NEW YORK – Ashley Judd says she spent 47 days in a Texas treatment facility for depression and other emotional problems, in an interview in Glamour magazine.
"I needed help," the 38-year-old actress tells the magazine in its August issue. "I was in so much pain."
Judd, the daughter of country music star Naomi Judd, says she entered the Shades of Hope Treatment Center in Buffalo Gap in February for "codependence in my relationships; depression, blaming, raging, numbing, denying and minimizing my feelings."
"But because my addictions were behavioral, not chemical, I wouldn't have known to seek treatment. At Shades of Hope, my behaviors were treated like addictions. And those behaviors were killing me spiritually, the same as someone who is sitting on a corner with a bottle in a brown paper bag."
Judd says she was visiting her sister, singer Wynonna Judd, who was being treated for food addictions.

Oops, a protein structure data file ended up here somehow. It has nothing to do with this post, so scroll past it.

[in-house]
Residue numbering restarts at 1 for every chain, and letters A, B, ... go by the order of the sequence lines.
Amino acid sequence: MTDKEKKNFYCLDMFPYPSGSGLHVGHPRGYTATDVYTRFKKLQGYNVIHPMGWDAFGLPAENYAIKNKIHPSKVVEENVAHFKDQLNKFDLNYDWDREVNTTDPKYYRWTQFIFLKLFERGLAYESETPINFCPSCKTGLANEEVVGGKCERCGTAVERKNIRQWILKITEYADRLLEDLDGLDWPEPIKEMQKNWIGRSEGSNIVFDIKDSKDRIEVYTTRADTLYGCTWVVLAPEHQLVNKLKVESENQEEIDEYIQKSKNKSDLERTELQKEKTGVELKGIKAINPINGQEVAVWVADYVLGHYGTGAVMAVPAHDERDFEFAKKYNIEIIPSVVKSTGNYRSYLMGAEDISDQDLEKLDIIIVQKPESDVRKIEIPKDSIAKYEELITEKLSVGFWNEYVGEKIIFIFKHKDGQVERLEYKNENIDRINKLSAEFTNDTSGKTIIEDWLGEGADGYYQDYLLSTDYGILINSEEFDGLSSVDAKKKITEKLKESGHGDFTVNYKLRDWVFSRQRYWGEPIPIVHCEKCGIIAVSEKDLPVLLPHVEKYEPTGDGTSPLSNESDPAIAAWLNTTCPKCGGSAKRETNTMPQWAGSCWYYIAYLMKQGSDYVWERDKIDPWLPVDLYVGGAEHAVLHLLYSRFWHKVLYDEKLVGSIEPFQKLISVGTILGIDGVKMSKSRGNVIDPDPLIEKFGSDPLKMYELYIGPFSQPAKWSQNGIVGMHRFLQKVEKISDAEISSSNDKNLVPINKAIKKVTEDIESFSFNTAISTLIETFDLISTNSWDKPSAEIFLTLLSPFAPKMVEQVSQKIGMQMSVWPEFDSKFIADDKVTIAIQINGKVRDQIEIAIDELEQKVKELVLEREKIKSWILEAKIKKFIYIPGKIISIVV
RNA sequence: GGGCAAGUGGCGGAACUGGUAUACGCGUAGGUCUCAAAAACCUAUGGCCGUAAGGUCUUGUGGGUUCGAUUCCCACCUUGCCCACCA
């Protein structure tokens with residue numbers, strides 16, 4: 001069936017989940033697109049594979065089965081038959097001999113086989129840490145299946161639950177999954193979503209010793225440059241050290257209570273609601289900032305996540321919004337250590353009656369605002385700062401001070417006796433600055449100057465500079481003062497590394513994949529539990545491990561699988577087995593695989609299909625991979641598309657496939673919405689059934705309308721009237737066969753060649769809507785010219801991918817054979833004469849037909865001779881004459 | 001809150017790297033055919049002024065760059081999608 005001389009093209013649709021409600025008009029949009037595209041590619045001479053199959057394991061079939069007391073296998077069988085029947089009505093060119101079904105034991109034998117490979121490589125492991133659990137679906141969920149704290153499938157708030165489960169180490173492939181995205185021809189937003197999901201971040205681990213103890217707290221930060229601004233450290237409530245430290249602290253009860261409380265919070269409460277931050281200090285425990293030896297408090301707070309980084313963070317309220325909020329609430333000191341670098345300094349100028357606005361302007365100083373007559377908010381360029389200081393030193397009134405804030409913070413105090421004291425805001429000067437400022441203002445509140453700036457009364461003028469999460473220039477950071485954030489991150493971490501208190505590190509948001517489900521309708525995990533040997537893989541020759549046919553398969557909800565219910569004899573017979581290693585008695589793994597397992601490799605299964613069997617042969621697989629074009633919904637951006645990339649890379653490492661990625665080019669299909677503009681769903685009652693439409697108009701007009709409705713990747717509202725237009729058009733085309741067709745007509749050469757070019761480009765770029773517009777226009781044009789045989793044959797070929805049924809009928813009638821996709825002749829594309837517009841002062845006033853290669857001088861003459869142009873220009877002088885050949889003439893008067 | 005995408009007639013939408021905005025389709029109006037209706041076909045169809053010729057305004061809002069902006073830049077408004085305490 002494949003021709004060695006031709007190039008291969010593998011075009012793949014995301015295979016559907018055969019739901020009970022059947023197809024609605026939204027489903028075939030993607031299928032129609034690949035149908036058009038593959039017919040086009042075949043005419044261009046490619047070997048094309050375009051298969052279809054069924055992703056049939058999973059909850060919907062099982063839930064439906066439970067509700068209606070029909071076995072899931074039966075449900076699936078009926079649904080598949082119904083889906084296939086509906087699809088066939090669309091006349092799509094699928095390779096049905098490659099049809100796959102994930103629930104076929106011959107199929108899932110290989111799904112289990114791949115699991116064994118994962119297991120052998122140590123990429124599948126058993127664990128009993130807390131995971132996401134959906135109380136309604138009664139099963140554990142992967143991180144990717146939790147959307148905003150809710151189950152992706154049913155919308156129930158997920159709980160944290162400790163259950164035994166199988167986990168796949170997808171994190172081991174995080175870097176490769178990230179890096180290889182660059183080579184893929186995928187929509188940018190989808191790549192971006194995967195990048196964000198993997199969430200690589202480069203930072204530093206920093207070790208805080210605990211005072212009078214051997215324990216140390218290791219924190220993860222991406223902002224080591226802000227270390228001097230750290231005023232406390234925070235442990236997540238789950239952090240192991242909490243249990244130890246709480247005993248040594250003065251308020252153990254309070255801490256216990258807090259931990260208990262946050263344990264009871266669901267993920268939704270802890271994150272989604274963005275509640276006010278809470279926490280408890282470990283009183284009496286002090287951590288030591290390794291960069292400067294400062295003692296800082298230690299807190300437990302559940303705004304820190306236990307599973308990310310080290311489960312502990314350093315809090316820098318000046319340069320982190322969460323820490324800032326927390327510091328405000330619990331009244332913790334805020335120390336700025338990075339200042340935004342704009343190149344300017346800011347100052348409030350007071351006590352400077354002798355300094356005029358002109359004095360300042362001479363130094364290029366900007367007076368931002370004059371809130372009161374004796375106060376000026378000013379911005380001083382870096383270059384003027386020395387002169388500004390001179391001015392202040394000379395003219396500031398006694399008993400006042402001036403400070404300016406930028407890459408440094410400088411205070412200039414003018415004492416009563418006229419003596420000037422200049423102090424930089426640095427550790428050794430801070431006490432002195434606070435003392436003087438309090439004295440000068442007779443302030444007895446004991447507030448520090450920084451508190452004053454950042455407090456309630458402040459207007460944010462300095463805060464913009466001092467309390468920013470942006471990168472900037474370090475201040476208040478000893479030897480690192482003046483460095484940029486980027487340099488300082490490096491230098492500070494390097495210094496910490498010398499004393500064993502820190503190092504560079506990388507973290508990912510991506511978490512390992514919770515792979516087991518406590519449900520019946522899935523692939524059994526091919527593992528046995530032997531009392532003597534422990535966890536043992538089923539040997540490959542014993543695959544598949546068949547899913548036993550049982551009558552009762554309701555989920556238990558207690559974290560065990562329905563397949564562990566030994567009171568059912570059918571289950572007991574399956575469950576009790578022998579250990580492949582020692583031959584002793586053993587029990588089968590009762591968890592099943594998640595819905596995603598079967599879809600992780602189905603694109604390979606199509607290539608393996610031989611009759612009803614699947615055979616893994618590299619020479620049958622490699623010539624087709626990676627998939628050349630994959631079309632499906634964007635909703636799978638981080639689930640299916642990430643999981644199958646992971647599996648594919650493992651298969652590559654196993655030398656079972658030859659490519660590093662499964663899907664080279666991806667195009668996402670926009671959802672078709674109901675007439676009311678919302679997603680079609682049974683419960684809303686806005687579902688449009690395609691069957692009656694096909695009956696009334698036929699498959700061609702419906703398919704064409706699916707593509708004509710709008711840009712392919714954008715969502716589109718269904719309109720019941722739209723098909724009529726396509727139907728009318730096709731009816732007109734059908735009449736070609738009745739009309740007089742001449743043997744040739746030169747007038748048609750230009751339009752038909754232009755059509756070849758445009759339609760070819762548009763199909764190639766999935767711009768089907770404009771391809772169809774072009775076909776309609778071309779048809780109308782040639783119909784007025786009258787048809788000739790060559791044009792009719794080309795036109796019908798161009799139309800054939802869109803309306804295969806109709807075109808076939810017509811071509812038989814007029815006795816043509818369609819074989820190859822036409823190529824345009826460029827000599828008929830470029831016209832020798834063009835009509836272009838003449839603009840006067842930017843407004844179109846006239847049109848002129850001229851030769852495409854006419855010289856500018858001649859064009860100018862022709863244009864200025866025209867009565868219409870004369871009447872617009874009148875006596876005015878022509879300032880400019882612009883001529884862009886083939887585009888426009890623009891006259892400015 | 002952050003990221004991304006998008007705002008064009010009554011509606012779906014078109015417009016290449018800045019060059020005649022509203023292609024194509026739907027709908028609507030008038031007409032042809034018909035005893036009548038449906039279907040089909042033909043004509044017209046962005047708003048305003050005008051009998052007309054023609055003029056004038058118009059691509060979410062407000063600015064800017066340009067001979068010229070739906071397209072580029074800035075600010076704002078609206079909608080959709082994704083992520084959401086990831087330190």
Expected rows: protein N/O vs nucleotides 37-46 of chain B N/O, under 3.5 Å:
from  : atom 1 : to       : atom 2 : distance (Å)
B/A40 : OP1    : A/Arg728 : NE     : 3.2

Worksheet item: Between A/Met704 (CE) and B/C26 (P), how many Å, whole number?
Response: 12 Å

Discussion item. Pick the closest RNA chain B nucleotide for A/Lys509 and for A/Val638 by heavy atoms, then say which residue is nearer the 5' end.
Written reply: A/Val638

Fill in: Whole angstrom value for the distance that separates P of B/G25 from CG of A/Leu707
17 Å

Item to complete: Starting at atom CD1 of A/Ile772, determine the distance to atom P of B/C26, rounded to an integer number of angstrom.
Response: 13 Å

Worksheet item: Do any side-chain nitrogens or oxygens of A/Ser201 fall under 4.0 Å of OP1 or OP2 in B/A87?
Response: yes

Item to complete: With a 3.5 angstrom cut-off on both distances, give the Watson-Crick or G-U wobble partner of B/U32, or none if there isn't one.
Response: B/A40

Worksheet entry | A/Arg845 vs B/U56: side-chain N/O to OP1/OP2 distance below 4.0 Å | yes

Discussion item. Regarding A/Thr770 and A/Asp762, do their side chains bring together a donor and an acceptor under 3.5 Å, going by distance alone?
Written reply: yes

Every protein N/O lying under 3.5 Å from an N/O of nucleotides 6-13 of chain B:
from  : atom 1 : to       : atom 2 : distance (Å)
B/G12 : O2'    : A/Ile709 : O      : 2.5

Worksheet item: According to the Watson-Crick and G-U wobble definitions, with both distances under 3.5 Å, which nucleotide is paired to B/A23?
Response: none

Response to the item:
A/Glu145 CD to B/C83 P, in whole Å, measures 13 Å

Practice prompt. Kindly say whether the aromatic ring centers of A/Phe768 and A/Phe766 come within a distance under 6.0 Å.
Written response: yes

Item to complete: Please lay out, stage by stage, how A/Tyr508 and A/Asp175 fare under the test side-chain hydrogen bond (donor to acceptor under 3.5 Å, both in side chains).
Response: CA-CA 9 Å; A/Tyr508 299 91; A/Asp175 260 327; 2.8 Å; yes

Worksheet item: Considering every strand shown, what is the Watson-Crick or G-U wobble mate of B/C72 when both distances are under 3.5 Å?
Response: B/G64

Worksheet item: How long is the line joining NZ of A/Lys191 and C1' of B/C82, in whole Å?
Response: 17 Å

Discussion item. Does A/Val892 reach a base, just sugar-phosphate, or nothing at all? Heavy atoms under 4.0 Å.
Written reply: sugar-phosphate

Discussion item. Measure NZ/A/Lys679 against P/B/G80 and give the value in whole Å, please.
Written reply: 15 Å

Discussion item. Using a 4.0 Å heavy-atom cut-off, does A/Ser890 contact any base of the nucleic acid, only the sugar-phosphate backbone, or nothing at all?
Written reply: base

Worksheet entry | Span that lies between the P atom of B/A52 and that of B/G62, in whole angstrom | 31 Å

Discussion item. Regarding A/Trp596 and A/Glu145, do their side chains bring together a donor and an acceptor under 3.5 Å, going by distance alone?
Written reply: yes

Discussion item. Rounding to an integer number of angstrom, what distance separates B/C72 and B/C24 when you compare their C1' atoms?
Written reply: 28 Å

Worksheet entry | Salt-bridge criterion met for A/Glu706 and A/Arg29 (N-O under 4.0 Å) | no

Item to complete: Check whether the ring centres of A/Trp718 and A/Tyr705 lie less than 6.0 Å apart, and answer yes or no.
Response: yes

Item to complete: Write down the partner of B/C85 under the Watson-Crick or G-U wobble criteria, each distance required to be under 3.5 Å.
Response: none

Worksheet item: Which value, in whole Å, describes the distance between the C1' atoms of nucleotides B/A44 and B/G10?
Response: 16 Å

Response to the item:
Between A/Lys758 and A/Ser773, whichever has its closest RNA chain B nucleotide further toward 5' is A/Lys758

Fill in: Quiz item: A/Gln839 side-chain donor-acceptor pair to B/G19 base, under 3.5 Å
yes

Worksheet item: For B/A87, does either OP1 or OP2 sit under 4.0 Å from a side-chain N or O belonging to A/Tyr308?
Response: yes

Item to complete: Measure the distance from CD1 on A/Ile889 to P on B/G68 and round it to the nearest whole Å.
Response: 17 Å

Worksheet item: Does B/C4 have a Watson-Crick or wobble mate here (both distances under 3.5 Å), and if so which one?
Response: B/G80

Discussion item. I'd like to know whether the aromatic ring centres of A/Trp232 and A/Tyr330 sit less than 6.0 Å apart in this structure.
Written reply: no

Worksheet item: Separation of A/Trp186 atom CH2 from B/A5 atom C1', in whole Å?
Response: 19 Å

"When (the counselors) approached me about treatment, they said, `No one ever does an intervention on people like you. You look too good; you're too smart and together. But you (and Wynonna) come from the same family -- so you come from the same wound.' No one had ever validated my pain before. It was so profound," she says.
Judd says her childhood was a time of "complete and total chaos." She attended 13 schools in 12 years and lived alternately with her mother, grandmother and father.
As a result, Judd says, she became "a hypervigilant child," striving to be perfect.
"A wonderful pastor once told me, `Perfectionism is the highest order of self-abuse,"' she tells the magazine. "So now I try to remind myself that if I engage in perfectionism, I am abusing myself. Period."
Judd says her relationships, including her marriage to race-car driver Dario Franchitti, have improved.
"It's so simple really: I was unhappy and now I'm happy," she says. "Now, even when I'm having a rough day, it's better than my best day before treatment."
Judd starred in 2002's "Frida" and 2004's "De-Lovely." Her upcoming films include "Bug," directed by William Friedkin and co-starring Harry Connick Jr.